The OCC’s initiatives include identifying ways to promote and support banks’ responsible innovation, such as through the partnering of banks with financial technology (fintech) and other nonbank companies in a safe and sound manner. Doing so can result in reduced costs, increased earnings, and well-served customers.

National bank charter

Image of a national bank charter issued to a fintech company, Varo Bank, in August 2020.

In July, we approved a de novo charter for Varo Bank—the first-ever national bank charter issued to a fintech company. This full-service charter marks an evolution in banking and a new generation of banks, born from innovation and built on technology to serve and empower consumers and businesses. Fintech companies come in all shapes and sizes, and the national bank charter is flexible enough to accommodate multiple fintech business models that may focus on certain aspects of banking.

Payments is one of those core banking functions that 10 years ago was conducted almost entirely by banks. Today, much of that banking activity has migrated outside the banking system. That migration risks reducing federal regulators’ ability to spot systemic risk and ensure the safety and soundness of the system as whole. For those reasons, it is important that we provide a path for those companies to conduct their payments activities within the banking system, if they choose.

Clarifying Banks’ Authority With Cryptocurrency

Complementing the evolution in the financial services landscape brought about by fintech companies, cryptocurrencies, and distributed ledger technology are fueling tremendous change. Banks are already engaging in cryptocurrencies in ways that involve hundreds of billions of dollars and tens of millions of customers. As the primary prudential regulator for the federal banking system, we must provide the guidance and framework that recognize the reality of these assets and technologies so that the banks we oversee can provide those services in a safe, sound, and fair manner.

This year we addressed two aspects of the crypto evolution: custody and reserve deposits for stablecoins. Banks have long provided custody services for physical objects and electronic assets. In July, we clarified that banks’ authority includes providing cryptocurrency custody services for customers.13 In September, we clarified that banks may hold deposits as reserves backing a certain type of cryptocurrency known as stablecoins.14 Combined, these two letters answer certain threshold questions we have received regarding banks’ authority to engage in activities related to cryptocurrency.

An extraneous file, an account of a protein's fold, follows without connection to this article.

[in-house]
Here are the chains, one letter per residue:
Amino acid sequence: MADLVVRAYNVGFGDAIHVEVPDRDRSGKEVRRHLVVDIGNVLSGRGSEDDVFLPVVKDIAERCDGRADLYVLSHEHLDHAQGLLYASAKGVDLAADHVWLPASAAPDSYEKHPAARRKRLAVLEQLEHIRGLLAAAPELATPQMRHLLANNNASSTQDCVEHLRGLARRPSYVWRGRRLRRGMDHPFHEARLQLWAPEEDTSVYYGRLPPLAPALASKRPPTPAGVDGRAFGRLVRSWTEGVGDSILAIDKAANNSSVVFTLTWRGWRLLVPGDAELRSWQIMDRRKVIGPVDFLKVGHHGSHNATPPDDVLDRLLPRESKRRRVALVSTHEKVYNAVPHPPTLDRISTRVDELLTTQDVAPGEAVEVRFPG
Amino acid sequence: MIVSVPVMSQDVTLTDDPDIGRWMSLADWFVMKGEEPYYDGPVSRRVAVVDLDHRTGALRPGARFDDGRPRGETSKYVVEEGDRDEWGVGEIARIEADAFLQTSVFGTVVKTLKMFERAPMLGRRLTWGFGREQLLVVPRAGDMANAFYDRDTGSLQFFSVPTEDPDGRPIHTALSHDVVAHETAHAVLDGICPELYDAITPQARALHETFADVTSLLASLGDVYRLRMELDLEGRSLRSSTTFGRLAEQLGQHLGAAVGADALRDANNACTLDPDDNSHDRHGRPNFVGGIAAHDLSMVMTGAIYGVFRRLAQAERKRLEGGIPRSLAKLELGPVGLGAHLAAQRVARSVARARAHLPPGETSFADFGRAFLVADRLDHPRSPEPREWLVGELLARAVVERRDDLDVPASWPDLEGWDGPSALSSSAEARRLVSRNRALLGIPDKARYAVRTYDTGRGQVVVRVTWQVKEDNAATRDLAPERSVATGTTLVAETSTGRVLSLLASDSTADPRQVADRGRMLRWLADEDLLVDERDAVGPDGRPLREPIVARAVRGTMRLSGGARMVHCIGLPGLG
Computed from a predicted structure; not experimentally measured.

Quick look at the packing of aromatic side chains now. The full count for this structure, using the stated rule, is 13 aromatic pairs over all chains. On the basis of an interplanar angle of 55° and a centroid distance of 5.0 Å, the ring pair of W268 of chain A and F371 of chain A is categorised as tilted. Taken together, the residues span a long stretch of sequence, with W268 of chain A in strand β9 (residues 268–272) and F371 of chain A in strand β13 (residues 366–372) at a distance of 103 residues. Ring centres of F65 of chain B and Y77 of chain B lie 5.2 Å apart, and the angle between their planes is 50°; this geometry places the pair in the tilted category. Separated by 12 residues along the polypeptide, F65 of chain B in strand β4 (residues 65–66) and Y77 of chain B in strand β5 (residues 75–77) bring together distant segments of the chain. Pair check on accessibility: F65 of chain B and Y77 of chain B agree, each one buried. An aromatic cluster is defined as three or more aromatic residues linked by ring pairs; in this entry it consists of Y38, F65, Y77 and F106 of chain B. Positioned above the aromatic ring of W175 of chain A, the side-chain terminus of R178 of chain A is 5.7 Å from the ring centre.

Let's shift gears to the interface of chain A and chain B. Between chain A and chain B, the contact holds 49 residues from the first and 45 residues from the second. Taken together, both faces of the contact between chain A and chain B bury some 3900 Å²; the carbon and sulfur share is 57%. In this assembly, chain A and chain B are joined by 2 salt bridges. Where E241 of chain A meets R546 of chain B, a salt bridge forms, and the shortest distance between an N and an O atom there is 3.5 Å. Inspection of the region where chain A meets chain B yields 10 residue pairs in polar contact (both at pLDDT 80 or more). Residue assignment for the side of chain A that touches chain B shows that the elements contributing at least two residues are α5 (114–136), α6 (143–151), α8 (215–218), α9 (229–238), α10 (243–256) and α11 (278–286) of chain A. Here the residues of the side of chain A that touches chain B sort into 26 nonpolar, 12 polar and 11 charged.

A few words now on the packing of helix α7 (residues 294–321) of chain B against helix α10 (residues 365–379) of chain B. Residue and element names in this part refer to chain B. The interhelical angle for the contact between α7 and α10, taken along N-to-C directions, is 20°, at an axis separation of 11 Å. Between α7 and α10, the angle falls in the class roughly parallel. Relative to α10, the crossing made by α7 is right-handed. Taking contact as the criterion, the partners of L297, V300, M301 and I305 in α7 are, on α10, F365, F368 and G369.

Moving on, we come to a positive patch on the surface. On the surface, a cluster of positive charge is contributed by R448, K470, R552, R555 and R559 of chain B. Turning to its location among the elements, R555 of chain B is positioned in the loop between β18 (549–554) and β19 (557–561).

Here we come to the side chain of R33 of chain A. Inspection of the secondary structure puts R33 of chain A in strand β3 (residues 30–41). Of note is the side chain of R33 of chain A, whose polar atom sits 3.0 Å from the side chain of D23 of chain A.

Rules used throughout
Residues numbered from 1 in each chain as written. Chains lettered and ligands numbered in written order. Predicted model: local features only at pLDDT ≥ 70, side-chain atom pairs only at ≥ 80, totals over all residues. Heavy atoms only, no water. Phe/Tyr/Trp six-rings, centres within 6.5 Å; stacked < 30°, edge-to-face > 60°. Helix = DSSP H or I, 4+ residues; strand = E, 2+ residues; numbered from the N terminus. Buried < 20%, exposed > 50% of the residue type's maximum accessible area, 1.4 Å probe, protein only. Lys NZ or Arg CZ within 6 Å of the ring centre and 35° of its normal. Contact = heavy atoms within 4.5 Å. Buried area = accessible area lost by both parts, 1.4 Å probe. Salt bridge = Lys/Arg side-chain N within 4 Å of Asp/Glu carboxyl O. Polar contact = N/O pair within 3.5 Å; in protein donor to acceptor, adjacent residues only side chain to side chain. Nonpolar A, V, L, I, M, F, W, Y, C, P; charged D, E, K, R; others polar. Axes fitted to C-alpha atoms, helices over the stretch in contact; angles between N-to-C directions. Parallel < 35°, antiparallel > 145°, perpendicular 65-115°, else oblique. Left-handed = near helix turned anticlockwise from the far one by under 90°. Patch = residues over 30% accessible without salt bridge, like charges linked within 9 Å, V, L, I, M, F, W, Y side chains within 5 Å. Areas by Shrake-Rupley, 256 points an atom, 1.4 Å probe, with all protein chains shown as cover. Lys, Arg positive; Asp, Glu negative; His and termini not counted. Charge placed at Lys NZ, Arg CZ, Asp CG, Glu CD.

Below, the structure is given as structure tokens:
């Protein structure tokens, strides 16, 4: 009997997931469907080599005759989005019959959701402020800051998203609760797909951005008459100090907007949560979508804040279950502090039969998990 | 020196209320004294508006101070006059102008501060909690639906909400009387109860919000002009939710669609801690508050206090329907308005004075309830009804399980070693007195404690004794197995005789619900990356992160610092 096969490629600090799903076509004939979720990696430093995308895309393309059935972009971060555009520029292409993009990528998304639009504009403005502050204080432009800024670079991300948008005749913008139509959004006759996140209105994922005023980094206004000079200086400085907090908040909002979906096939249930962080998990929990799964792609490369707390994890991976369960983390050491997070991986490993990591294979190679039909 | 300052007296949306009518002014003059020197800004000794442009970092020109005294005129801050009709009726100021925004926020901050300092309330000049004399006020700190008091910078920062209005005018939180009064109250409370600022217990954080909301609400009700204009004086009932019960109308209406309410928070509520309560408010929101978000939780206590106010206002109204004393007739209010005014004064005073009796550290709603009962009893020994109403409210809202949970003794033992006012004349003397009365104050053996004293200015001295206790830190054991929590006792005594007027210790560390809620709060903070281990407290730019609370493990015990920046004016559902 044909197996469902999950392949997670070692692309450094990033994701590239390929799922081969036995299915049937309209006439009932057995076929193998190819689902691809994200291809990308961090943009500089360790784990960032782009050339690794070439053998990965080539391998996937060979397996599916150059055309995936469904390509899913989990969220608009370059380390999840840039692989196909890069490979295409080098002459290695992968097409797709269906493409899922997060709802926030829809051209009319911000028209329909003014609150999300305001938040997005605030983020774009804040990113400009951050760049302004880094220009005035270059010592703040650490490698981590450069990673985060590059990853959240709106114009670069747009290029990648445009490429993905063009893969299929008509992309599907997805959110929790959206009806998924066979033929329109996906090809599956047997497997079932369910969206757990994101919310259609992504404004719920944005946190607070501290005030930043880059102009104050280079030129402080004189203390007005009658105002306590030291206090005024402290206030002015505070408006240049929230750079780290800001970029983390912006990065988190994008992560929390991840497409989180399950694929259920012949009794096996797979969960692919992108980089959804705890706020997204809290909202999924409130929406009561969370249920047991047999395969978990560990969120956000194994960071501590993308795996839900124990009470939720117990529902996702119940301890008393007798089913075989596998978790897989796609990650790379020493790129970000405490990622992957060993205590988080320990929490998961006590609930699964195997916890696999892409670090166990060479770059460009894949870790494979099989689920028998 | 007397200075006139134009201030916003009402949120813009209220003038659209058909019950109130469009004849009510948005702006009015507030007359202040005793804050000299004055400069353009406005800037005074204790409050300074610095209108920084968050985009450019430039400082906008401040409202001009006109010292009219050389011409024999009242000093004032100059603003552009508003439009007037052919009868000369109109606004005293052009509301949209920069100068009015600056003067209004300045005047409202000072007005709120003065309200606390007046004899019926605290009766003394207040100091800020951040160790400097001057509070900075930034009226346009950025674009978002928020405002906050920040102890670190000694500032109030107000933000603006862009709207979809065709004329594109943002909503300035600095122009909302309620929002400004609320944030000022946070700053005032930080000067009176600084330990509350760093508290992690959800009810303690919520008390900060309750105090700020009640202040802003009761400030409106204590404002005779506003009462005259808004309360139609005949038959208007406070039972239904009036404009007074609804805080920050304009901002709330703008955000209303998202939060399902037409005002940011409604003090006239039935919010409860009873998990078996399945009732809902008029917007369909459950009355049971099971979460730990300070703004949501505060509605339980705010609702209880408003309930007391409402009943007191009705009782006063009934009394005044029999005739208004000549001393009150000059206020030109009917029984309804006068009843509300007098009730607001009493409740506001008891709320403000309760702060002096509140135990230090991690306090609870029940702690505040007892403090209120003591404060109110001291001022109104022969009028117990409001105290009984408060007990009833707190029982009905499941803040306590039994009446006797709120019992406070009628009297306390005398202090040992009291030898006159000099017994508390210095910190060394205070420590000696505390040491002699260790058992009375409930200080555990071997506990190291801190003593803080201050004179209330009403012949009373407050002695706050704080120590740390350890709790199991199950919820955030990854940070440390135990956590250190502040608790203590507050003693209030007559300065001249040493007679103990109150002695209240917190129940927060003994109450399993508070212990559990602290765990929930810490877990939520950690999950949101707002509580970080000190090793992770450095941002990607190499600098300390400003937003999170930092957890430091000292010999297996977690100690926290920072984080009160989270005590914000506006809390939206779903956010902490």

Expanding Access to Financial Services, Credit, and Capital

Project REACh

In July, we announced the launch of Project REACh to promote financial inclusion through greater access to credit and capital.

REACh stands for Roundtable for Economic Access and Change and brings together leaders from banking, business, technology, and national civil rights organizations to reduce barriers that prevent full, equal, and fair participation in the nation’s economy.

This collaborative effort intends to remove many structural barriers to financial inclusion, result in broader participation in the economy, and help millions of people, previously left out of the financial system, in a manner that enables them to pursue their American dreams.

Acting Comptroller Brooks and NBA Hall of Famer Shaquille O’Neal

Nearly 50 million Americans are credit invisible, meaning their credit history is so limited that they do not have a credit score. About 15 percent of blacks and Hispanics have no credit score compared with 9 percent of whites. On CNBC’s “Closing Bell” on September 9, Acting Comptroller Brooks and NBA Hall of Famer Shaquille O’Neal discussed financial access and work to put mainstream financial services within reach of the credit invisible through efforts like the OCC’s Project REACh.

Project REACh currently comprises three national initiatives:

  • Inclusion for credit invisibles: Nearly 50 million Americans—disproportionately including poor and minority Americans—lack a credit score and cannot obtain mortgages, credit cards, or other lending products. Yet many people in this segment of society pay rent, utilities, and other recurring financial obligations. Project REACh intends to work with technology partners to synthesize a credit score from alternative data that meets safety, soundness, and fairness regulatory expectations. This will help tear down a major barrier to economic access for millions.
  • Revitalization of minority depository institutions (MDI): The number of MDIs has declined over the years. The remaining MDIs are critical sources of credit and financial services in their communities. Project REACh is developing a pledge that banks could make to support the vitality of minority institutions through partnerships, increasing access to capital, and providing training, exchange programs, and mentorship to MDI executives and board members.
  • Affordable housing: A recent analysis of home mortgage data found access to mortgage credit is significantly more challenging for minority borrowers, often because of cash required for down payment and closing costs. Project REACh intends to work with financial institutions and major civil rights and community-based organizations to encourage development of products that reduce the burden of down payments without adding asset risk. Such solutions can help thousands more obtain the American dream of owning a home.

Local Project REACh initiatives focus on developing regional solutions to reduce barriers to economic access for minority and underserved communities.

Acting Comptroller Brooks talks with David Westin on Bloomberg’s “Balance of Power”

Acting Comptroller Brooks talked with David Westin on Bloomberg’s “Balance of Power” on June 2 about how banks can be part of the solution to addressing economic inequalities.